Thursday, September 20, 2007

Looking at PR's role in the Northern Rock fallout

Northern Rock, the British bank that defied a 140 year tradition when customers besieged its branches on the streets and crashed its web site to get at their their money, was under a lot of pressure when the Chief Executive, Adam Applegarth, was reported on 17th September to say "Your money is safe with us ....

If a British banker says such things they are true. Bank managers are people to trust, aren't they?

If The Bank of England, says it 'fully backs' a bank, and it gave that assurance about Northern Rock, then 'Old lady of Threadneedle Street's' mighty reserves are there to offer confidence and support the rhetoric. This is 'money in the bank'. Surely?

The same goes for the Financial Services Authority, which declared the Northern Bank was 'solvent' and the Chancellor of the Exchequer's called for calm. These are people and institutions whose reputation we can surely trust, aren't they?

The consequences of belief in such assurances are far reaching, bring the Prime Minister's reputation into question and even affect the biggest economy in the world.

But the sober citizens who save money, have bank deposits and who read newspapers and listen to reporting from the BBC just did not believe them last week and trotted down to their local bank and politely asked for their money back - in their thousands.

The words 'trust', 'confidence' and 'reputation' are bandied around and a failure in 'public relations' is blamed.

The Business says: "...a textbook case of how not to manage investor expectations and public relations...."

The FT noted: "But instead of shoring up public confidence, the public relations gaffe managed to shake it.

Douglas MacWilliams, head of the London-based Centre of Economic Business Research, said the Treasury, along with the Bank of England, had botched their response to the market crisis, damaging their reputation for economic competence.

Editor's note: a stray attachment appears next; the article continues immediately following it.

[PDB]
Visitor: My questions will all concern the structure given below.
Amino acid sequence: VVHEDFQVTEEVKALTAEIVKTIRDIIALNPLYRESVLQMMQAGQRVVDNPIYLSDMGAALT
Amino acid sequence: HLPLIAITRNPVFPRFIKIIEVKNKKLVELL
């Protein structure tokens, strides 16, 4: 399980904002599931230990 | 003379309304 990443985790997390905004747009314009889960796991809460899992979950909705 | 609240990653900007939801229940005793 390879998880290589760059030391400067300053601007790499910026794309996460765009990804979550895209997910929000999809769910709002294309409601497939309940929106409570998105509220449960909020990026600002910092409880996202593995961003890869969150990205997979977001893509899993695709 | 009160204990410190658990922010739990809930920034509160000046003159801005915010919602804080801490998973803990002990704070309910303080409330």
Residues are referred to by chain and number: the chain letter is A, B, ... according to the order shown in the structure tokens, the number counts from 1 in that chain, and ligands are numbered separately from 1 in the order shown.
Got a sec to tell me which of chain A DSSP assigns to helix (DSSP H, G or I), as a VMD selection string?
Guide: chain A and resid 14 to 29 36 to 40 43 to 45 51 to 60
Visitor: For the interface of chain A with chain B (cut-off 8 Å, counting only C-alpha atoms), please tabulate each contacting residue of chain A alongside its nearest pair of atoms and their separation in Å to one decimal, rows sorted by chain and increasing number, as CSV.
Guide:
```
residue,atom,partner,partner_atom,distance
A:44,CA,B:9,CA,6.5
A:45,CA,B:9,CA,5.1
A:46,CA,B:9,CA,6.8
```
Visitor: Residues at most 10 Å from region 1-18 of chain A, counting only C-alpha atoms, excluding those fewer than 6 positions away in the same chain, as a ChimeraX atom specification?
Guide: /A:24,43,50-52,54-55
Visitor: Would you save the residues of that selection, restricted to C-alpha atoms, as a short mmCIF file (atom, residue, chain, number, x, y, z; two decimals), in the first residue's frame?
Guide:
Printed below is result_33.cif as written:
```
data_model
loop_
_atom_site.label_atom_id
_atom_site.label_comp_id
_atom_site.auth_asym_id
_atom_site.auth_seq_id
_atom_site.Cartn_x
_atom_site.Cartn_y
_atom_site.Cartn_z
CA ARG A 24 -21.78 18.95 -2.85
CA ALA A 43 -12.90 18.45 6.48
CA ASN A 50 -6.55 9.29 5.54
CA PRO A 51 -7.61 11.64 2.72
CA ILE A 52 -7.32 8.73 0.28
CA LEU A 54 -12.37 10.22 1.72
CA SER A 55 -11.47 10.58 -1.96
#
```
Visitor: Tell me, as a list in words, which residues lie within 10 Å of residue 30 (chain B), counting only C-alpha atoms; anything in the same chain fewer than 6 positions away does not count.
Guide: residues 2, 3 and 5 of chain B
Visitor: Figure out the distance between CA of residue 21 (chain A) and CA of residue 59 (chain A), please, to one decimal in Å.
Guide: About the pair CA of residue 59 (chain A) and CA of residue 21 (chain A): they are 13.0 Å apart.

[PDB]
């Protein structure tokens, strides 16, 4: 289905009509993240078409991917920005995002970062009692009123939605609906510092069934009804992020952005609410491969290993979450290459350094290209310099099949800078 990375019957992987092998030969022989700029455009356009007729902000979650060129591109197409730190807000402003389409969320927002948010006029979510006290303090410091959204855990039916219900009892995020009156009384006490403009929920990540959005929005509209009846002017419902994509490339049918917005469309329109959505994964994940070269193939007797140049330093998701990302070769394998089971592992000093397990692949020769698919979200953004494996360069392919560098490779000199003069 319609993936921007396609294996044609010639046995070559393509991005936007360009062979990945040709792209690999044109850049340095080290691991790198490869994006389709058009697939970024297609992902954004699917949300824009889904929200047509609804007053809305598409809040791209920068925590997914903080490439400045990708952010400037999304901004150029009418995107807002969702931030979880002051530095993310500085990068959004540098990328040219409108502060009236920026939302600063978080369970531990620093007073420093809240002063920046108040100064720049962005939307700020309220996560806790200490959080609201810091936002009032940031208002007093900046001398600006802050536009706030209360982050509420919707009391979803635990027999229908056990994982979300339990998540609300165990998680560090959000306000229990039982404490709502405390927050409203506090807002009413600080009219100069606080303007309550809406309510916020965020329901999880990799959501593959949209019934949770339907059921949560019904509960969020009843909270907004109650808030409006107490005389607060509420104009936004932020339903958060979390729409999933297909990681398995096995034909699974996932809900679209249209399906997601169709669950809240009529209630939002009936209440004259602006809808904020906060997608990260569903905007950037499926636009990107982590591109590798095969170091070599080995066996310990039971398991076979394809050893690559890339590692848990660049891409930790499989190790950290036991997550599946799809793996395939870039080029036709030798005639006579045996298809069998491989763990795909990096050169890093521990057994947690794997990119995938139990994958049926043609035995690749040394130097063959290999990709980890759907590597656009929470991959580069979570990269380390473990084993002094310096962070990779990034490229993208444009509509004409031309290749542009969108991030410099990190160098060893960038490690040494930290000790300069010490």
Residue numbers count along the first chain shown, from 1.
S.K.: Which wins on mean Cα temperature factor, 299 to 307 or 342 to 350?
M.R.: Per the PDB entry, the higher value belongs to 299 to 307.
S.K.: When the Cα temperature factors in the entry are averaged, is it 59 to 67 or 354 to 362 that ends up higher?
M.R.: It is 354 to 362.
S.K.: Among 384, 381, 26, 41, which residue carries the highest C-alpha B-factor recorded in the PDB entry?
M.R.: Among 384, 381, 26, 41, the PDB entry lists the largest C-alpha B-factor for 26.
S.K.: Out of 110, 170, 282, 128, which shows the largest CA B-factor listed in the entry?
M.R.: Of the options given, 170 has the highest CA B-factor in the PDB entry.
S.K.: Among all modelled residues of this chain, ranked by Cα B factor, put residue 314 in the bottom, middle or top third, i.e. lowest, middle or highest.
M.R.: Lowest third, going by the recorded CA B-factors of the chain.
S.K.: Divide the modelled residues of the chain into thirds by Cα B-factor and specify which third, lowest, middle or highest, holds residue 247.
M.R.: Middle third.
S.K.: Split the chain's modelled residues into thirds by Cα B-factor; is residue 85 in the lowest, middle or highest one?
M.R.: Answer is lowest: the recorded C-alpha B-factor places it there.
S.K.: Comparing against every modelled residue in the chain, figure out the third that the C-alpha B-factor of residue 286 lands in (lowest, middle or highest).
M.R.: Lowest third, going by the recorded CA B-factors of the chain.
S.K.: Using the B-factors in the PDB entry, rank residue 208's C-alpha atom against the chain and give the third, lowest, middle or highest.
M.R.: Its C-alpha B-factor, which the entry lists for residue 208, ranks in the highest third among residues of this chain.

"The public relations of all concerned has been extraordinarily bad and has exacerbated the crisis of confidence."

The Northern Rock incident is not a one off, it is symptomatic of malaise affecting organisations and people of all sorts.

The 'public relations' of these organisation and people is such that they are not trusted. People do not have confidence in them and their reputation counts for very little.

From today's headlines the same can be said of Asda, Morrisons, Sainsbury and Tesco who are reported to have colluded to raise milk prices, according to an Office of Fair Trading report.

The same can be said of your local grocers who are said to add dangerous chemicals to our food and the same can be said of the medical profession.

In one day, like almost any day, the issues of trust confidence and reputation are affecting people's relationships with our institutions.

Now, as in all these cases, it is not that the organisations involved do not have public relations expertise available and at hand. They do. They have big PR departments and PR advice at the top-most level.

These cases of loss of trust, confidence and reputation is with the advantage of PR expertise.

These failures are the failures of PR professionals.

For PR people to evade the issue is, at best, disingenuous probably shameful and at worst, terminally damaging. The industry has laid claim to reputation, confidence and trust. It has had time to research, explore and develop the issues and practices involved. This is a matter for individuals but also for a wide range of privately and publicly funded organisations.